I think that biblical faith realizes that there is much we cannot understand and know, that any attempt to systematically explain all suffering and tragedy will, in the end, founder in much the way Pat Robertson's overly simplistic theology does. But biblical faith does not simply shrug at tragedy. Biblical faith has no trouble being "bitter," in calling God to task. And I've long loved a quote from a letter the great preacher Carlyle Marney wrote to his friend and colleague John Claypool when Claypool's daughter was dying of leukemia. After admitting that he did not know who to make sense of such suffering he added, "I fall back on the idea that our God has a lot to give an account for."
(John Claypool, "Life is a Gift" in A Chorus of Witnesses: Model sermons for today's preacher, (Grand Rapids: Wm. B Eerdmans, 1994) p. 125)
But if our faith at times calls us to shake our fists at God, it also calls us to embrace the power of resurrection, the certainty that God can turn the worst evil, the worst tragedy toward the good. I'm not talking about pie in the sky by and by. I'm talking about acknowledging the reality of tragedy while hoping that, somehow, this is not it. Faith is about hoping and therefore working for the as yet new thing God will draw out of tragedy. Faith is willing to embrace the name "Bitter," yet hope and trust and live in the certainty that this name is not permanent.
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Monday, February 21, 2011
Perhaps because they have often been a minority, Jews have a tradition of celebrating "righteous Gentiles," but I'm not sure we Christians have anything comparable. That makes the story of Ruth an intriguing one, I think, for Christians.
Going to Sunday School as a child, I learned the broad outlines of the story. The events in book of Ruth's are fairly easy to tell in a "Bible Story" aimed at children. But I'm not sure I ever picked up on an essential element of her story, the fact that she isn't Jewish.
It doesn't work that way in our world, but in Ruth's day, to say she is Moabite is just another way of saying she is Gentile, that she is not a Jew. Because of dire circumstances Naomi's sons have been forced to take Moabite women as wives, but this is not the norm, and there are a number of places in the Old Testament where this is expressly forbidden. Yet Ruth becomes a model of faithfulness, even though her faithfulness is not to a set of religious beliefs, but to her mother-in-law.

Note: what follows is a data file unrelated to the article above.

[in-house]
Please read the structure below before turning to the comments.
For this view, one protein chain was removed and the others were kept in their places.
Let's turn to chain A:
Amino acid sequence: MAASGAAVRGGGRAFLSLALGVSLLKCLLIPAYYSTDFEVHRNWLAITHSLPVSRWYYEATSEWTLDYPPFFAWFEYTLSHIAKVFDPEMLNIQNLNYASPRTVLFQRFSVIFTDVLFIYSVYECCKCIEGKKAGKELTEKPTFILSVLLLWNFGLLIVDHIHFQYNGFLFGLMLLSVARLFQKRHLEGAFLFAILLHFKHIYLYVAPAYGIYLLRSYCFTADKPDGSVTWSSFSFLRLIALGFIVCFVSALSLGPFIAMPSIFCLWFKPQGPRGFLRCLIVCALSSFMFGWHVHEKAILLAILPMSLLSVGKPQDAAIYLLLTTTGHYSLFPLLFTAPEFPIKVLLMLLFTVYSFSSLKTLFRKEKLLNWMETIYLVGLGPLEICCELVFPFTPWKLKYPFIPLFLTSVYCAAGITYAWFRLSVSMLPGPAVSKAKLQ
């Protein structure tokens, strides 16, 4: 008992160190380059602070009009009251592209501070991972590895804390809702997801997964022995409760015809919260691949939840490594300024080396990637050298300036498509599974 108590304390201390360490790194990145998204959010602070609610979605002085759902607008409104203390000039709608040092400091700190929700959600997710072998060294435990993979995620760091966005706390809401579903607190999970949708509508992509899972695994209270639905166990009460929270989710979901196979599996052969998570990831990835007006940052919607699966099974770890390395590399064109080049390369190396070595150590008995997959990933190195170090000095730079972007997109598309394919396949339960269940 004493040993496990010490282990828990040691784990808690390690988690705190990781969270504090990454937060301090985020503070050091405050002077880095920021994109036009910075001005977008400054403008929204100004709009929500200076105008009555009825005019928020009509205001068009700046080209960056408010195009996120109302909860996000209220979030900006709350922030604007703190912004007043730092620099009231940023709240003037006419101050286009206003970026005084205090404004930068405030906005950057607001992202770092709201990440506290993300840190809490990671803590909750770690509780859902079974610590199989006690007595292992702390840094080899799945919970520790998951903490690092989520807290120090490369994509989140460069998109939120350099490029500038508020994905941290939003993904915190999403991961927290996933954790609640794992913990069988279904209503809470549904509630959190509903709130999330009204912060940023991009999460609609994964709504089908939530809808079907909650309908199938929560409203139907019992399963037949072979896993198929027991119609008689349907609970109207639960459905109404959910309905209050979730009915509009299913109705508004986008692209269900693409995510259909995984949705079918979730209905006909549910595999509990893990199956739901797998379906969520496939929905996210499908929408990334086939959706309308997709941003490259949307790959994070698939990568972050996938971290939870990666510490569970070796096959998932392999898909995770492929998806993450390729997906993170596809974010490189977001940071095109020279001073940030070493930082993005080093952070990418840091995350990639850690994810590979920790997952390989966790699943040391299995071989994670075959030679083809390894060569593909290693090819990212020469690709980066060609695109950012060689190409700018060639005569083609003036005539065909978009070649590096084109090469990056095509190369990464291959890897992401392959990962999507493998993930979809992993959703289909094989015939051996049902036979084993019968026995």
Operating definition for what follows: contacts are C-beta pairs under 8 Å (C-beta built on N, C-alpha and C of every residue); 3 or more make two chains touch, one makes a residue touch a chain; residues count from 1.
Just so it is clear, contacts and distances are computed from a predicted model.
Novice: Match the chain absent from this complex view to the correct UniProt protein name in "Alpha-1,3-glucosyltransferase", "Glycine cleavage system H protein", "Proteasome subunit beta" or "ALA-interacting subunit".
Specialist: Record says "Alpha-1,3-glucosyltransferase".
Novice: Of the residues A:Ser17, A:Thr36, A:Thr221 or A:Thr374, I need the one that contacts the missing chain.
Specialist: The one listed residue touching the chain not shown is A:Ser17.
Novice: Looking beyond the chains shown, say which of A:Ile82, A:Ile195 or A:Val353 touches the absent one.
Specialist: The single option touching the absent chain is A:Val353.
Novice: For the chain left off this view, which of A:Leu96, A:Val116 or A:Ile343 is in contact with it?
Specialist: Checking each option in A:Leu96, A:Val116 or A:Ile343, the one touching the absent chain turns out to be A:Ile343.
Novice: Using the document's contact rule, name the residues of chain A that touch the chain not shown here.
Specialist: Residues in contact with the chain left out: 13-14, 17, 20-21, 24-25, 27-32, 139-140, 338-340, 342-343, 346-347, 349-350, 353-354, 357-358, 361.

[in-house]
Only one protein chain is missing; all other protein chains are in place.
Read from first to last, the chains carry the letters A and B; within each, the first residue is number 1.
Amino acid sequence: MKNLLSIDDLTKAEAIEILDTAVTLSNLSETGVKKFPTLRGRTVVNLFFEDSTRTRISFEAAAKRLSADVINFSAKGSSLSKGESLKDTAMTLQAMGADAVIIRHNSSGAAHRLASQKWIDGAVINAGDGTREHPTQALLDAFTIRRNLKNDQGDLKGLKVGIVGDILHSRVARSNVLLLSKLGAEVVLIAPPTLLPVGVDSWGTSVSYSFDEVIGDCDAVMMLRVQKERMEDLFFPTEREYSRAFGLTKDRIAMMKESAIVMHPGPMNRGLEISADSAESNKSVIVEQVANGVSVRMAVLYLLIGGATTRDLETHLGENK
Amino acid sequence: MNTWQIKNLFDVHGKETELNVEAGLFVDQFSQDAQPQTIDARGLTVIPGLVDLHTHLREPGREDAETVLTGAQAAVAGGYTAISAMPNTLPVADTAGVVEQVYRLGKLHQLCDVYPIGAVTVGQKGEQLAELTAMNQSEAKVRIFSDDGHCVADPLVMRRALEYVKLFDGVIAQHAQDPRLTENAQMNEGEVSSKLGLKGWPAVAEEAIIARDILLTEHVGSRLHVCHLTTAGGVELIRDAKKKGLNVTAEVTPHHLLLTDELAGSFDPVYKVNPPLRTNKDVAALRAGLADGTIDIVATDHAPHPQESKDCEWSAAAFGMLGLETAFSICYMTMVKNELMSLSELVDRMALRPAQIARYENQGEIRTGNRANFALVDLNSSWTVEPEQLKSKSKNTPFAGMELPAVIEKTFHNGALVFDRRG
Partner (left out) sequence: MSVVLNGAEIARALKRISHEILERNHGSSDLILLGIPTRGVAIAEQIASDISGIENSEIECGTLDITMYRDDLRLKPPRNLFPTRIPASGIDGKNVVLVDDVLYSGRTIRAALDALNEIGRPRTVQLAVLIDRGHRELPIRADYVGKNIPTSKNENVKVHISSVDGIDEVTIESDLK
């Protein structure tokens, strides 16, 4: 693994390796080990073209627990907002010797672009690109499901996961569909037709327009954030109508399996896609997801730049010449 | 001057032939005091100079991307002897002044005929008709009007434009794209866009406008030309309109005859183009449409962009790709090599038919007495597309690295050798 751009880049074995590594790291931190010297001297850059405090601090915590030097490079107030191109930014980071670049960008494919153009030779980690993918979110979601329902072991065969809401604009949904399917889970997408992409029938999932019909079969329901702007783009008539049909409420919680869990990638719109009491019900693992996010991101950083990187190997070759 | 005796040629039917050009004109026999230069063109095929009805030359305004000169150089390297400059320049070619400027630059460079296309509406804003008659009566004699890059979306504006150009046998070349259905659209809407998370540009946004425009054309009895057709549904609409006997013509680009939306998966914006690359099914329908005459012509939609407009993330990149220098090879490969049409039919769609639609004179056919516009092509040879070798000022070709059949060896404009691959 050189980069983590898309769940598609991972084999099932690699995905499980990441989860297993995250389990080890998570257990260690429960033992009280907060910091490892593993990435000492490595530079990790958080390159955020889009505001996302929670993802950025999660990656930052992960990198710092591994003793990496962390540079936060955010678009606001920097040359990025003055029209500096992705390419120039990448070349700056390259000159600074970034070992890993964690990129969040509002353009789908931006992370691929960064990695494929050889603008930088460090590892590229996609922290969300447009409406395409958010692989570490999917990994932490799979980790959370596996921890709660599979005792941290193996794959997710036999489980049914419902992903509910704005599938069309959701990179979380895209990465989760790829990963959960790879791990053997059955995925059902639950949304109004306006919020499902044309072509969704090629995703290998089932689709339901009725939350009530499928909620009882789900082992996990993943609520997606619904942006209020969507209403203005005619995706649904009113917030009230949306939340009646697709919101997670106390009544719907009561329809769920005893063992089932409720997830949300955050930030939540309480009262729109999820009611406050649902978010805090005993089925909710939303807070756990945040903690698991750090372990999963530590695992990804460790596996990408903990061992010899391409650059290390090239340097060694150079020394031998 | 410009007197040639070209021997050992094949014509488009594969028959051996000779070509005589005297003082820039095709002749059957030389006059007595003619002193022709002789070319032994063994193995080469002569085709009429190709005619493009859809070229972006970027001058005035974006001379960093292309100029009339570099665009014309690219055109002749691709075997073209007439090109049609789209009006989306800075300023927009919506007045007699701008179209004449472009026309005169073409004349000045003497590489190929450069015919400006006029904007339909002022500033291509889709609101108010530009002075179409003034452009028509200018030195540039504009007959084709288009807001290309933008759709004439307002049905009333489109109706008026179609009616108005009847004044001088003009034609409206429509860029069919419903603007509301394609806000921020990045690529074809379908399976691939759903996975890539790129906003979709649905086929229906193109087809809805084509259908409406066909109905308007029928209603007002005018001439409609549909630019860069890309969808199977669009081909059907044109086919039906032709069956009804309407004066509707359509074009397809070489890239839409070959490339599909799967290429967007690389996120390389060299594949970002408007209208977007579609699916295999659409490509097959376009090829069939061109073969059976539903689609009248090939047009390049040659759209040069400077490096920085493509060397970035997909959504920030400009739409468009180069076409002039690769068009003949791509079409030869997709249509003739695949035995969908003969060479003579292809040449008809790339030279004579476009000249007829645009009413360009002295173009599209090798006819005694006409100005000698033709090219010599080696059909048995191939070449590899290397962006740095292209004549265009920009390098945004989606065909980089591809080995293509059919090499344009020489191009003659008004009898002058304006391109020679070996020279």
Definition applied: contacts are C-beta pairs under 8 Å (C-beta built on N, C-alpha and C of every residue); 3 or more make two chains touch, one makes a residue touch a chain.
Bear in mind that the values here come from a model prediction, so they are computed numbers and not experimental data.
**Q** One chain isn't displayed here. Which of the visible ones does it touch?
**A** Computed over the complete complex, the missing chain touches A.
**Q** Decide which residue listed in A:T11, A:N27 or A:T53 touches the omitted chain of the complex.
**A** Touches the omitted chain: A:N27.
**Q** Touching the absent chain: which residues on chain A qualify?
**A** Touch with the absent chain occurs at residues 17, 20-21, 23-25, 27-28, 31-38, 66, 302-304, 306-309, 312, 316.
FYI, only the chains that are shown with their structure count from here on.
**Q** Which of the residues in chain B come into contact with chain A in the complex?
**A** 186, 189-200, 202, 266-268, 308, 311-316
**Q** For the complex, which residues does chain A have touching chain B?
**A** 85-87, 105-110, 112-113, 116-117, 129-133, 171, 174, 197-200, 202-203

Nowhere in Ruth's story do we hear her spout any Jewish theology. Nowhere does she proclaim that the LORD is the one and only God. Ruth's only desire seems to be the welfare of her mother-in-law, and all she does is to that end. It is for this that her husband-to-be will praise her and declare her blessed by Yahweh. It is by this that she restores her mother-in-law and becomes the great-grandmother to King David.
More often than not, my experience in the Church has seemed to say that faithfulness outside the Christian circle is of little interest or use for me. To see the actions of a Buddhist or a Muslim as somehow instructive or even helpful for a life of Christian faith sounds like heresy to many. Yet right here in the book of Ruth, a Moabite woman shows others the shape of loyalty and faithfulness and is called blessed by the LORD. Perhaps God's grace is at work in other places we think off limits.
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Sunday, February 20, 2011
Sermons with better video quality are available on YouTube.
Matthew 5:38-48 (Leviticus 19:1-2, 9-18)
Kingdom Ethics: On Being Perfect
James Sledge February 20, 2011
Recently, there has been an uproar around the book, Battle Hymn of the Tiger Mother, which chronicles one mother’s attempt to raise her children by the strict methods of the traditional Chinese mom. Much of the furor has been over the how this mother would not let her daughters go to sleep overs or have fun, requiring them instead to practice the violin or do homework. People couldn’t believe she could be that demanding.
Hearing our scripture this morning, it’s not hard to imagine people reacting the same way to Jesus. “Be perfect, therefore, as your heavenly Father is perfect.” And Jesus has been talking to us this way for weeks now about how our righteousness must be greater than the Pharisees, that being angry is as bad as murder, and today, that we have to love our enemies.
Some years ago, we introduced a song in our more traditional, 11:15 service that was familiar to our early, more contemporary service, using it as a response to the prayer of confession. Many of you probably know it. “Change my heart, O God, make it ever true; Change my heart, O God, may I be like you.”
One of our members, someone thoughtful and very serious about his faith, came to me, saying he was bothered by this song. At assumed he must have found its style a bit too casual compared with a traditional Kyrie Eleison, “Lord have mercy.” But I quickly realized that his problem was with the line, “May I be like you.” He had learned the same lesson I had been taught. God is other; God is not like us. God’s ways are not out ways. God is holy and we are not. What business have we got saying to God, “May I be like you?”
I could certainly appreciate his objection and was inclined to agree with him. But isn’t Jesus saying that we should be like God? “Be perfect, therefore, as your heavenly Father is perfect.” And it is there in our Old Testament reading as well.
The law in Leviticus tells the people of God how to live. They must not harvest all their crop, leaving some for the poor and alien, which in our day I suppose means that companies can’t keep all the profit for themselves but must share with the poor and immigrants. God’s law requires the same justice for rich and poor, truth telling, and loving your neighbor as yourself. And all of this seems related to the character of God. The phrase “I am the Lord; I am Yahweh” is regularly interspersed between these commands. And these laws are prefaced by God saying, “You shall be holy, for I Yahweh your God am holy.”